Freezing weather: Training stays on schedule Print E-mail
Wednesday, 12 February 2014
Story and photo by Melissa Buckley
GUIDON staff
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Training doesn’t stop because of freezing temperatures on Fort Leonard Wood, but outside operations adjust to keep troops safe in the bitter cold.

“Special considerations must be made to ensure that the training scheduled, resourced and planned can be conducted in a safe manner. We have 14 weeks to take a group of volunteers and transform them into U.S. Army combat engineers and bridge crew members. Every hour of every day is planned out several weeks in advance, with that goal in mind,” said 1st Lt. Dustin Dobbins, Company C, 35th Engineer Battalion, executive officer.
Last week, Company C, 35th Eng. Bn. Soldiers spent their fifth week of Basic Combat Training on the range for basic rifle marksmanship. 

“Each day this week, the actual morning temperature has been below zero. But, that does not take into consideration the wind chill — that is what makes a tough condition even worse. Several things were modified this very cold week. The trainees were allowed to wear more warm weather gear, in loose layers, while firing their weapon on the range. A hard structure building on the range was identified as a warming shack, where trainees would be located before and after their time on the firing line,” Dobbins said.

Pvt. Roberto Macias, Company C, 35th Eng. Bn., is from Moreno Valley, Calif. He said training at Fort Leonard Wood right now is shocking, since the temperature at his hometown rarely drops below 60 degrees.

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Pvt. Roberto Macias, Company C, 35th Engineer Battalion, attempts to qualify on Range 7 during basic rifle marksmanship training.
“I’m enjoying my time here, but I’m still trying to get used to the cold. To me, it’s a new experience — a new challenge. The cold weather gets my adrenaline pumping,” Macias said.

“The hardest part for me is the wind. It makes it harder for me to move and give it 100 percent. The wind keeps the cold on my mind. My hands hurt when they feel like they are freezing up,” he added.

The new Soldiers-in-training aren’t the only ones Dobbins worries about.

“We currently have a class of more than 170 trainees, and on the range they are broken down into many sub tasks and locations. Drill sergeants must be at all these locations supervising, providing guidance and direction at all times. We established a cadre rotation that allowed two drills sergeants to have 15 minutes in a warm environment at a time, then they would rotate, giving another a chance to warm up,” Dobbins said.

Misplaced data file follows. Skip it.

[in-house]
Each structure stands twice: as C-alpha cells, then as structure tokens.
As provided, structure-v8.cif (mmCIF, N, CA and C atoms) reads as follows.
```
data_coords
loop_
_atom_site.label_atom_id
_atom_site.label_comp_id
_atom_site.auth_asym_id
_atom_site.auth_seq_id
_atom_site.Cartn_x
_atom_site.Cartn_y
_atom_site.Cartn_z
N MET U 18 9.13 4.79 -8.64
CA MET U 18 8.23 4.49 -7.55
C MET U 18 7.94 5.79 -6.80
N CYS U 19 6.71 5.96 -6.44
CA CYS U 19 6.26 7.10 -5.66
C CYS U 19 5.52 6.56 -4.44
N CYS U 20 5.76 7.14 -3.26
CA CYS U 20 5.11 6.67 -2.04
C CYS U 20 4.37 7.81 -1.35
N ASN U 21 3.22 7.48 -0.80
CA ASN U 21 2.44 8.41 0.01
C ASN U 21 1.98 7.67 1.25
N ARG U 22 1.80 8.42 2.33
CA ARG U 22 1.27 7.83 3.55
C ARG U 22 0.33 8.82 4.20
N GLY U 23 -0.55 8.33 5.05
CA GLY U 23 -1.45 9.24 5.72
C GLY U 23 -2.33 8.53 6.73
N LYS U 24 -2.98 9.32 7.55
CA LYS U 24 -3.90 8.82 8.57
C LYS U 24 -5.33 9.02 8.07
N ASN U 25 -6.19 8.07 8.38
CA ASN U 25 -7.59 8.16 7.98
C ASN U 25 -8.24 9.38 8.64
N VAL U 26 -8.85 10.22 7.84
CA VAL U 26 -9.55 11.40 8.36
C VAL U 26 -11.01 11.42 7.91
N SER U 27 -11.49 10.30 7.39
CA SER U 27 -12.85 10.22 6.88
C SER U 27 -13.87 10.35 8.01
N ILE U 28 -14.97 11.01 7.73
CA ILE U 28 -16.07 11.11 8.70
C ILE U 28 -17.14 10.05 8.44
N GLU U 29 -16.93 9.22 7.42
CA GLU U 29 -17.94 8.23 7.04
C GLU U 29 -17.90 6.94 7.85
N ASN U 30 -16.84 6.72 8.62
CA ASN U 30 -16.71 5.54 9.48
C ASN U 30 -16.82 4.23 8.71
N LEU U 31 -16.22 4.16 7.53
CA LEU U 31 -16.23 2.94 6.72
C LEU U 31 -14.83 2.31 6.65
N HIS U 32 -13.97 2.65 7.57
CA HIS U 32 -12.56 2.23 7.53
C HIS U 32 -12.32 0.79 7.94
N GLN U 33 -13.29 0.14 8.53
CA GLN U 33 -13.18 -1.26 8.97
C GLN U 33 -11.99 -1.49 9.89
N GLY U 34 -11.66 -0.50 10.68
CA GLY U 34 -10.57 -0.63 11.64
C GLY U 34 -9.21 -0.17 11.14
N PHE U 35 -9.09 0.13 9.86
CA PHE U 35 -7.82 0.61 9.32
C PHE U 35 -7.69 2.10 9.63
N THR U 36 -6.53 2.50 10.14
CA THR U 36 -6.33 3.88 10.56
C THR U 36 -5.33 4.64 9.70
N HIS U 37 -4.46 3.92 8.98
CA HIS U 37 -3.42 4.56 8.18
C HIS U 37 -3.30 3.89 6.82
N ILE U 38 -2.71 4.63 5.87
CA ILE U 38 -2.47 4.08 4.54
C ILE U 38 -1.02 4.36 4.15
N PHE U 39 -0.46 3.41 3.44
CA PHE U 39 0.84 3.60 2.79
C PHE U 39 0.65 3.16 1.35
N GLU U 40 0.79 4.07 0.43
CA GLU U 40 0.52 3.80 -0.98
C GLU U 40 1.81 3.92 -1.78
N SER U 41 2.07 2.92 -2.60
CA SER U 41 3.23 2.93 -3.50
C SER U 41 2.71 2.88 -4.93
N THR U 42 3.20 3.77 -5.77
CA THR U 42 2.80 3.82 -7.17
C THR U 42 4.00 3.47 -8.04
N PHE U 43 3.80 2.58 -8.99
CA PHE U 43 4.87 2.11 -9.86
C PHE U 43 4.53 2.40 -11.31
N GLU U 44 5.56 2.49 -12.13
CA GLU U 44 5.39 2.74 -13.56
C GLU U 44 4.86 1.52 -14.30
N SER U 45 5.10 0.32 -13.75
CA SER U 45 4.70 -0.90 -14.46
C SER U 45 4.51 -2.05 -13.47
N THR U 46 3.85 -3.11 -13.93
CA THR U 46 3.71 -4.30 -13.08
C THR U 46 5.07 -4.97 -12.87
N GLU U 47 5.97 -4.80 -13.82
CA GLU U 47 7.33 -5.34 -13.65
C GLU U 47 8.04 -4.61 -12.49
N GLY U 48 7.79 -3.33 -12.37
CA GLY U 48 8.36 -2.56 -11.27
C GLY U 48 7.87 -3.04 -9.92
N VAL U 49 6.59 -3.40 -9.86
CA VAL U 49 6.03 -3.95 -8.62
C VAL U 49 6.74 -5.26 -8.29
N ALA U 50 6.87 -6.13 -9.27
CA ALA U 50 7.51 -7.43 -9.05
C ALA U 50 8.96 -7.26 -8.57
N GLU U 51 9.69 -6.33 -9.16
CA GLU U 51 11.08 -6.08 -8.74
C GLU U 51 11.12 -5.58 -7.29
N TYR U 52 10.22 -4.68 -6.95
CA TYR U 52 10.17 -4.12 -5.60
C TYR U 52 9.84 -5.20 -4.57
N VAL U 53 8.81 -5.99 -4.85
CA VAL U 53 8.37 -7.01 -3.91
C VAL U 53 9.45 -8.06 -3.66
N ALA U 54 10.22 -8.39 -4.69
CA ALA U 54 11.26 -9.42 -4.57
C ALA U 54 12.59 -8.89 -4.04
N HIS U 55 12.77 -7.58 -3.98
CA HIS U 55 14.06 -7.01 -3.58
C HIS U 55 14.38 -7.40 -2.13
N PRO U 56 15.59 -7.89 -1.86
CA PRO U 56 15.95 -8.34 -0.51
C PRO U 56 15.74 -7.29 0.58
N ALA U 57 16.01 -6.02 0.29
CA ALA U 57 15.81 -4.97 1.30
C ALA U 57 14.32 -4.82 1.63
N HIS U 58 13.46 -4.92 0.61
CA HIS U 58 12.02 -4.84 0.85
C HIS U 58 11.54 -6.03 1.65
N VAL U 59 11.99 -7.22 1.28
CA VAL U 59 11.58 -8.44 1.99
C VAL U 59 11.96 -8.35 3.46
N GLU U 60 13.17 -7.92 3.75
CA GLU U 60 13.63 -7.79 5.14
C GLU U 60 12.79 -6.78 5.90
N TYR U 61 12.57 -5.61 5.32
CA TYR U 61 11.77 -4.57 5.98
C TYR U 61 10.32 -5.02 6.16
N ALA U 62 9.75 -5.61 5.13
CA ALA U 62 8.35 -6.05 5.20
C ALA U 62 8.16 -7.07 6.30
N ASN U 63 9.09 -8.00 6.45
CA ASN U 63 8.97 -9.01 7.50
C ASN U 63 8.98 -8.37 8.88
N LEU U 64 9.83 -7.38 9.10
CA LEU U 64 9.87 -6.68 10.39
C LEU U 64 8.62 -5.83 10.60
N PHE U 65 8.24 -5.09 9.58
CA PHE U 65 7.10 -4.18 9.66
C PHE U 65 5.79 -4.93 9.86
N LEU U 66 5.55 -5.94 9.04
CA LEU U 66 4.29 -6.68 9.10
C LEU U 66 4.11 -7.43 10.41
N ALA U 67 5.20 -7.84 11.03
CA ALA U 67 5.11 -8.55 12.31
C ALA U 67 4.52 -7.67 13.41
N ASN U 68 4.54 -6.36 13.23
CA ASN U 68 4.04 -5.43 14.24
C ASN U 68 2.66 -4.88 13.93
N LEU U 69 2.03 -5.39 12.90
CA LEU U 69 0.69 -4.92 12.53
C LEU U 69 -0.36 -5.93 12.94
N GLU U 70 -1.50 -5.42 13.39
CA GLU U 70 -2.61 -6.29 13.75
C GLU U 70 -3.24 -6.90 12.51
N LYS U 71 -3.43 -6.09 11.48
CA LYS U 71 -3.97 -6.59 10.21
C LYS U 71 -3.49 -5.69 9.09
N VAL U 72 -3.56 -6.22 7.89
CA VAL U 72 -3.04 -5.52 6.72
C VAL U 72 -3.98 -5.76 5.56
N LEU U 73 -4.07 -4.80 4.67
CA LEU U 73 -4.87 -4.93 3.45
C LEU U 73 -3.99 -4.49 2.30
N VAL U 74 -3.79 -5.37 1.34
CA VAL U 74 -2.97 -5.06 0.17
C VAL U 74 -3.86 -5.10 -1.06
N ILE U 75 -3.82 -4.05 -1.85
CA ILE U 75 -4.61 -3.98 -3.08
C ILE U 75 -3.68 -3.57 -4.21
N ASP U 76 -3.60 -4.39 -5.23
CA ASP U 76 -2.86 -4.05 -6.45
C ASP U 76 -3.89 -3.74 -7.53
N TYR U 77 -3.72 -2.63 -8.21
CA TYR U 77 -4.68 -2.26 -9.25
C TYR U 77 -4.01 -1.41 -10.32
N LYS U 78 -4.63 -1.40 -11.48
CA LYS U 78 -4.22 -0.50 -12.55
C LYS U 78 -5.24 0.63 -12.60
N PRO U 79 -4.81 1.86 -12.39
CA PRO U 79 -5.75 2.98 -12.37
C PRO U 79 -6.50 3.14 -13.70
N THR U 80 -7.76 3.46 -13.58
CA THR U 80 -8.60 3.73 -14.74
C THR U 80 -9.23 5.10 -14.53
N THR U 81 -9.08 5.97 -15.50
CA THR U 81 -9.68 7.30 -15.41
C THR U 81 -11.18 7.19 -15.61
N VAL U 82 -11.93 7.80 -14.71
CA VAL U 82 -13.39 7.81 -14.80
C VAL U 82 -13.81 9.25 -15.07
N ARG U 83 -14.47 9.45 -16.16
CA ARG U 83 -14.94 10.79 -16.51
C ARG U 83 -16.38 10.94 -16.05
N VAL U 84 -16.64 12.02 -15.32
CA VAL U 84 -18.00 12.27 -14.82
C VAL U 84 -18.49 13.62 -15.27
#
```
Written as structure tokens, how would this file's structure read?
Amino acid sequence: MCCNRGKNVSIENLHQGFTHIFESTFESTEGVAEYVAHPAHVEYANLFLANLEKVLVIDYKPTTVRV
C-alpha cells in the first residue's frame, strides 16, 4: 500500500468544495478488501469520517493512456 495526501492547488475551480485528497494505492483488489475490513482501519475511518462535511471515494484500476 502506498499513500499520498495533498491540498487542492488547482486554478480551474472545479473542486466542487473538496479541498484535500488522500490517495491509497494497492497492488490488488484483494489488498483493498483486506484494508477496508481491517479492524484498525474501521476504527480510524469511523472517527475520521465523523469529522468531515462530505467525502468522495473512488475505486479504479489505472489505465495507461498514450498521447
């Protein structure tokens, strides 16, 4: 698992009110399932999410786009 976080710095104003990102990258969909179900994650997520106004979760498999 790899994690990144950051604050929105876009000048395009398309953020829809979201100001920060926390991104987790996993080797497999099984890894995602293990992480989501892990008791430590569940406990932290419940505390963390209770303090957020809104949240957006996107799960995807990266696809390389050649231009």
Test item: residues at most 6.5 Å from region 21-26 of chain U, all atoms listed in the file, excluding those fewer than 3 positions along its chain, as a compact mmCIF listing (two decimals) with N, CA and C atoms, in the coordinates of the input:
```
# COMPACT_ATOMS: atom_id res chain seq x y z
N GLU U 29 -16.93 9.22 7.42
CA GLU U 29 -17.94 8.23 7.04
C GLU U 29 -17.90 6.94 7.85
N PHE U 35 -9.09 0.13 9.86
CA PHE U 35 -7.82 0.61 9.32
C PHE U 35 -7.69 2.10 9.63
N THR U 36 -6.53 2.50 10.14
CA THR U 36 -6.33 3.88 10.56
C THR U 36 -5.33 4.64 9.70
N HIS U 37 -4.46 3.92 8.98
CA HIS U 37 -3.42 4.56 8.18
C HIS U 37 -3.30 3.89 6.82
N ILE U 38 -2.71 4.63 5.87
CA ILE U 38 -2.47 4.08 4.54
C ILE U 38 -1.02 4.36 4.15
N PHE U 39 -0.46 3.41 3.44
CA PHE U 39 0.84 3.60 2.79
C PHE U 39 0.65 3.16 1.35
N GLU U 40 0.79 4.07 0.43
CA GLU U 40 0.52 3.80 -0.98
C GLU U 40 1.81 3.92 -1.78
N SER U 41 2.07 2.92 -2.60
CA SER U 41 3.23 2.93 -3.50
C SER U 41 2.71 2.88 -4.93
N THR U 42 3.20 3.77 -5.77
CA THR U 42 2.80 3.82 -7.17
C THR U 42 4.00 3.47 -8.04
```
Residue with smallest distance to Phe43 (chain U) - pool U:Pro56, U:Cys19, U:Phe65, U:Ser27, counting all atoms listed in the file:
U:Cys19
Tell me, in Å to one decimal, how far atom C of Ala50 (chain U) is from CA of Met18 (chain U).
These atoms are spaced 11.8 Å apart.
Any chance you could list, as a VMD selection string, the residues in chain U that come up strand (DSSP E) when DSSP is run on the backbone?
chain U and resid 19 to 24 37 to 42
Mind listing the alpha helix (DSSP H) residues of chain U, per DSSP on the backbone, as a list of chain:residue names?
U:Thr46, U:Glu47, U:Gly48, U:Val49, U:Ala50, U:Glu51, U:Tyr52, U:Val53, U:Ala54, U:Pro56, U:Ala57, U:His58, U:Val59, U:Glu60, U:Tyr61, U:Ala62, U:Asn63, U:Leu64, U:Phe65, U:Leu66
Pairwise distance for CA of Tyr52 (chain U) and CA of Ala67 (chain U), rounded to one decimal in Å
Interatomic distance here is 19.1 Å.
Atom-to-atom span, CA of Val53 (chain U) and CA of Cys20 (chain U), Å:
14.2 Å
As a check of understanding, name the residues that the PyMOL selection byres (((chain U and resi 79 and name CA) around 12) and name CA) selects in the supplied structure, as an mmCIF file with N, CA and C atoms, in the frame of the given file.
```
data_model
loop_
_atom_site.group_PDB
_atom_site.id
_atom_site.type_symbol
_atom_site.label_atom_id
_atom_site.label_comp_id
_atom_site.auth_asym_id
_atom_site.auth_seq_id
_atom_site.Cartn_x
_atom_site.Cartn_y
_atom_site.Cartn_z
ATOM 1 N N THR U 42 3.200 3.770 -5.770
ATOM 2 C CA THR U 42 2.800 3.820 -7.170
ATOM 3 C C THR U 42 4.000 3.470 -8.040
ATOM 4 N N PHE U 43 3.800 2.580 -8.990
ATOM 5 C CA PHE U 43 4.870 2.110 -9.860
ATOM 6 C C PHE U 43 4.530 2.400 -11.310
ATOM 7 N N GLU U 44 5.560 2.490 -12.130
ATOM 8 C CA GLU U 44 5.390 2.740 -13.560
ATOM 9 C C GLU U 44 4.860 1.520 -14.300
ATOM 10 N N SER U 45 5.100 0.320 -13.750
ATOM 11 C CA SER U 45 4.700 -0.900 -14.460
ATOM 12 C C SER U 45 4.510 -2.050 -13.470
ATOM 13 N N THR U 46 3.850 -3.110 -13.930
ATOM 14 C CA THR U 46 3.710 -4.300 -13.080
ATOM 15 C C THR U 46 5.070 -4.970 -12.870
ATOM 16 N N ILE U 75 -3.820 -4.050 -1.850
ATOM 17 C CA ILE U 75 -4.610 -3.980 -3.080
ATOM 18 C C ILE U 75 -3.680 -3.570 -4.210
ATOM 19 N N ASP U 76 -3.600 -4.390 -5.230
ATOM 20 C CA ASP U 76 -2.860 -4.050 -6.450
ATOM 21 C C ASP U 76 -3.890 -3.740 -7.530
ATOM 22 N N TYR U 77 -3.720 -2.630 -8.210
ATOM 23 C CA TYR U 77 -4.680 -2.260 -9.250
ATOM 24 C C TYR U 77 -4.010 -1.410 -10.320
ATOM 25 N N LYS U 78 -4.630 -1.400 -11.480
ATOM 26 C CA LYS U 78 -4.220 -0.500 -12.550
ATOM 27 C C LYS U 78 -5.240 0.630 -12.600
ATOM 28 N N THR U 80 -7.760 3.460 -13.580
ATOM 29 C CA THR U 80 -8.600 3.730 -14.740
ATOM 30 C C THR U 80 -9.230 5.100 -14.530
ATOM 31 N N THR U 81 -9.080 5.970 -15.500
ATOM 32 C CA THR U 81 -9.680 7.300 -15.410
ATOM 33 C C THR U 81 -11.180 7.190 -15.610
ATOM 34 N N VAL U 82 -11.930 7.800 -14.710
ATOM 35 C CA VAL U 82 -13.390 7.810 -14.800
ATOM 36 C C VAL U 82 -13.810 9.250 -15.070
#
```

There are several risks involved with service members and civilians who are required to work outside in cold weather, according to Gregory Hipps, Maneuver Support Center of Excellence Safety Office safety technician.

“The number-one risk encountered by Soldiers operating outside is lack of preparation and acclimatization; you must prepare for the weather in much the same manner as you would prepare for an enemy in combat. In these conditions, your body undergoes a number of physical and emotional changes that can have a detrimental impact on your health and duty performance,” Hipps said. 

Hipps said overconfidence can be dangerous in freezing temperatures.

“You are not superman or superwoman. Your body is not immune to the affects of cold weather, rain, snow, or rapid temperature change. Wear your personal protective equipment and cold weather gear; adjust it due to temperature changes and work rest cycles to allow for overheating and cooling,” Hipps said.

According to the U.S. Army Public Health Command, cold weather-related injuries include hypothermia, frostbite, frost nip, chilblains, trench foot, snow blindness, injuries due to heaters, carbon monoxide poisoning, and accidents due to impaired physical and/or mental function resulting from cold stress.

“In my military experience, the most common cold weather experienced by Soldiers is frostbite and frostnip; the next one would be hyperthermia,” Hipps said.

Hipps added that proper nutrition and hydration are critical to avoiding cold weather injuries.

“Regardless of the temperature, your body requires about three liters of total fluids per day; this is generally intended to mean water, or other healthy fluids. This does not mean three liters of coffee, energy drinks or any of the other caffeine sources used to provide instant energy,” Hipps said.

“In cold weather conditions you still sweat and your body needs to replenish those fluids on a regular basis. Slamming two to three cups of water or a canteen full of water is not as beneficial as sipping it over a period of time.”

Staying hydrated is something Macias is trying to stay on top of.

“I have to remind myself to keep drinking water. I don’t usually drink as much water when it’s cold, but I have been keeping my CamelBak full to stay hydrated,” Macias said.

He’s looking forward to continuing his basic training, even if it is freezing outside.

“It’s really cold, but I’m getting use to it now. I’ll just keep moving to keep warm. It usually works out well for me,” Macias said.

For more information about cold weather injuries visit www.phc.amedd.army.mil/topics/discond/cip/Pages/ColdCasualtiesInjuries.aspx.
 
Last Updated ( Friday, 21 February 2014 )